Using Water for Defense and Offense
Alvin is a member of The Motley Fool Blog Network -- entries represent the personal opinion of the blogger and are not formally edited.
When it comes to investing, ignorance is not bliss. Currently, the European Union is facing a debt crisis and investors would be wise to take the necessary precautions to protect themselves from a potential collapse of the Euro. The European Union has the largest GDP in the world and a collapse would be globally catastrophic.
For protection, investors only need to turn to the water coming out of their faucet. Water is the most precious liquid on the planet. It is also the ultimate defense against a potential global economic downturn. Since water is a need not a want, the demand for water is price inelastic. Essentially, this means that water utility companies are immune to economic slowdowns.
Two dividend paying water utility stocks are Aqua America (NYSE: WTR) and American Water Works (NYSE: AWK) (note: thinly traded stocks or stocks with a market cap of less than $200 million were ignored). American Water Works serves 15 million people and operates in two Canadian provinces and over 30 states. Aqua America serves 3 million people in 12 states. The following table gives a summary of the two companies’ earnings power.
|Price ($)||EPS ($)||Dividend Yield (%)|
|American Water Works||33.83||1.77||2.96|
Water utility stocks are not just defensive plays, but are also growth stocks. The water utility market is highly fragmented. According to the 2011 annual report by Aqua America, there are “approximately 53,000 community water systems in the U.S., 83% of which serve less than 3,300 customers.” To put it simply, water utility companies have lots of opportunities to grow through acquisitions.
This is beneficial to Aqua America and American Water Works, who have been using their size to gobble up other smaller systems. In 2011, Aqua America acquired 5 wastewater and 51 water systems in Texas. This represented an increase of 5,300 customers. In American Water Works’ 2011 annual report, the company stated, “We intend to continue to expand our regulated footprint geographically by acquiring water and wastewater systems in our existing markets and, if appropriate, certain markets in the United States where we do not currently operate our Regulated Businesses.”
Moving on to the balance sheet, the following table summarizes the two companies’ current situation.
|Current Ratio||Debt (Billions $)||Tangible Book Value Per Share ($)||Cash and Recievables (millions $)|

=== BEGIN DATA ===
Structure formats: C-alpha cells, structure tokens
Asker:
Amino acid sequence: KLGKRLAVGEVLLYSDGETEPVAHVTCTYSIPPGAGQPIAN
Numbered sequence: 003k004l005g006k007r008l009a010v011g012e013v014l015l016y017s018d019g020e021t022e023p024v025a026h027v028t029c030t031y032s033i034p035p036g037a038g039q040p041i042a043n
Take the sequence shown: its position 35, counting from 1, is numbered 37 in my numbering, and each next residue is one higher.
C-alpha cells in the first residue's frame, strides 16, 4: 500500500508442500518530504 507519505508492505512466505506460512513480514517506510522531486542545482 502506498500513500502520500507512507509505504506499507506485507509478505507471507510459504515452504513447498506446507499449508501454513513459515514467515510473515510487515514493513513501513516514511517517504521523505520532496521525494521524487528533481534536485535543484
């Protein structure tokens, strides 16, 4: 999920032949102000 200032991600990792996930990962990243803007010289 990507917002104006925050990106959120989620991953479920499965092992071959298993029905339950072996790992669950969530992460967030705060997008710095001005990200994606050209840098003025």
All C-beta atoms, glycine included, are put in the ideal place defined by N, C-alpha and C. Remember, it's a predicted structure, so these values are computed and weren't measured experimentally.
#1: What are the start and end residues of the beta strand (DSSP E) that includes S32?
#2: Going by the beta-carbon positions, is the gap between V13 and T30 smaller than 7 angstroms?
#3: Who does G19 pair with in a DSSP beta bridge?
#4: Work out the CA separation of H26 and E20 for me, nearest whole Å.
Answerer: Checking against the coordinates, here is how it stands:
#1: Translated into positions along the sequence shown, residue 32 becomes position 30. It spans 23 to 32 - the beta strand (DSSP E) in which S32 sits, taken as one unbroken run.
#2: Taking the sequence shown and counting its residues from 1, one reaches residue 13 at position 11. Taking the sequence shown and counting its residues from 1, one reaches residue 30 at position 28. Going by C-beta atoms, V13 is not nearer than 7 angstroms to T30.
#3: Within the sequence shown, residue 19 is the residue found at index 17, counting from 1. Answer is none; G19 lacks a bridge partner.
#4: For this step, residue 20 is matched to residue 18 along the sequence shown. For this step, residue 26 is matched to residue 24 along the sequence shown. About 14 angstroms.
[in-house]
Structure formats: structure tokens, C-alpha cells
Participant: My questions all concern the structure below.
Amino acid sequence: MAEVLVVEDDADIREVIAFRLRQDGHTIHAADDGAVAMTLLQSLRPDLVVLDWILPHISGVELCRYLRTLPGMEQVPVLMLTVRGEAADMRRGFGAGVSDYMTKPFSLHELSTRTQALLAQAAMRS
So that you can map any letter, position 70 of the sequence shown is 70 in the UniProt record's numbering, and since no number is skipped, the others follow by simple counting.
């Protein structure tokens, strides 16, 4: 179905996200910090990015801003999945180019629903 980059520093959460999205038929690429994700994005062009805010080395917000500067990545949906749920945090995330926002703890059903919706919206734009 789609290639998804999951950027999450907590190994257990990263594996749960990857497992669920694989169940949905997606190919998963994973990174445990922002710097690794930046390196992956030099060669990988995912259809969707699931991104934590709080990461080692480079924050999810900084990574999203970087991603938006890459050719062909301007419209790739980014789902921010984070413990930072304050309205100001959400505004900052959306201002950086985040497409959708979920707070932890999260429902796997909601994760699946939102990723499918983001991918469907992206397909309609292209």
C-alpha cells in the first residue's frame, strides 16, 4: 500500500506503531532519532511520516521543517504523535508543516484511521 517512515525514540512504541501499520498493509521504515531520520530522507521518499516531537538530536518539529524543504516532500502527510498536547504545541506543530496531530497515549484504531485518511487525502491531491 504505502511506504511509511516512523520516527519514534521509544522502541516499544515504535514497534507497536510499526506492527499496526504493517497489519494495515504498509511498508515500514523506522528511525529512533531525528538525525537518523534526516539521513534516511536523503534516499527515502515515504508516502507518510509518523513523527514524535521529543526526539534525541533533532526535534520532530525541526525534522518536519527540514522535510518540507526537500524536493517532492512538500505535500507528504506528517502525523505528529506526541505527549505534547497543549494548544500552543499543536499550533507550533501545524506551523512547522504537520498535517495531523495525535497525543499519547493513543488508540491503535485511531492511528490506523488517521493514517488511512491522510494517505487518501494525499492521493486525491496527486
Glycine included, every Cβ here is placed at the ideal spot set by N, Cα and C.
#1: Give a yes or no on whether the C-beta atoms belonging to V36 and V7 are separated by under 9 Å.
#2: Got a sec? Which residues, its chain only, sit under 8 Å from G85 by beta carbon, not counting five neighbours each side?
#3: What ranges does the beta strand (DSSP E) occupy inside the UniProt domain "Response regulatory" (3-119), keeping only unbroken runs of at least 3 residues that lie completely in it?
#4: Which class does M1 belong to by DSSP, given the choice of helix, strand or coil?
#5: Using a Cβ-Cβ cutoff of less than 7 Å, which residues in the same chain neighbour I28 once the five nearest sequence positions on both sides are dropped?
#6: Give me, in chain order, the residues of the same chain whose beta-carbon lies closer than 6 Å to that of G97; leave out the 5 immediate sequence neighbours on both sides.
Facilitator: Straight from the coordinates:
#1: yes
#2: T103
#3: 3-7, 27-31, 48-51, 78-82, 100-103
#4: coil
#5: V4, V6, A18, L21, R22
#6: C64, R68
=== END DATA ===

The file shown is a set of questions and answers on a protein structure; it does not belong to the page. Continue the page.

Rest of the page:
|American Water Works||0.8||5.547||17.37||203.5|
Both Aqua America and American Water Works have a current ratio of 0.8. This means both companies are relying on earnings from their businesses to fund their debts. Furthermore, both companies have low cash to debt ratios. However, water utility stocks face low competition in their current markets. In the 2011 annual report by American Water Works, the company said, “In our Regulated Businesses, we generally do not face direct competition in providing services in our existing markets...” Thus, the earnings of Aqua America and American Water Works are very reliable and their current debt situations are sustainable.
In conclusion, water utility stocks are the perfect defense against economic downturns. Currently, Europe is facing problems that investors should not ignore. Spain, the fifth largest GDP in Europe, is now finding it difficult to finance its debts through the bond market. Thus, investors should protect their portfolios. Two dividend paying water utility stocks investors should look at are Aqua America and American Water Works. Both companies are profitable and have numerous growth opportunities. In summary, the combination of defense and offense provided by water utility stocks gives investors a great way to protect themselves from the Euro debt crisis.
Alvin has no positions in the stocks mentioned above. The Motley Fool has no positions in the stocks mentioned above. Motley Fool newsletter services recommend Aqua America. Try any of our Foolish newsletter services free for 30 days. We Fools may not all hold the same opinions, but we all believe that considering a diverse range of insights makes us better investors. The Motley Fool has a disclosure policy. If you have questions about this post or the Fool’s blog network, click here for information.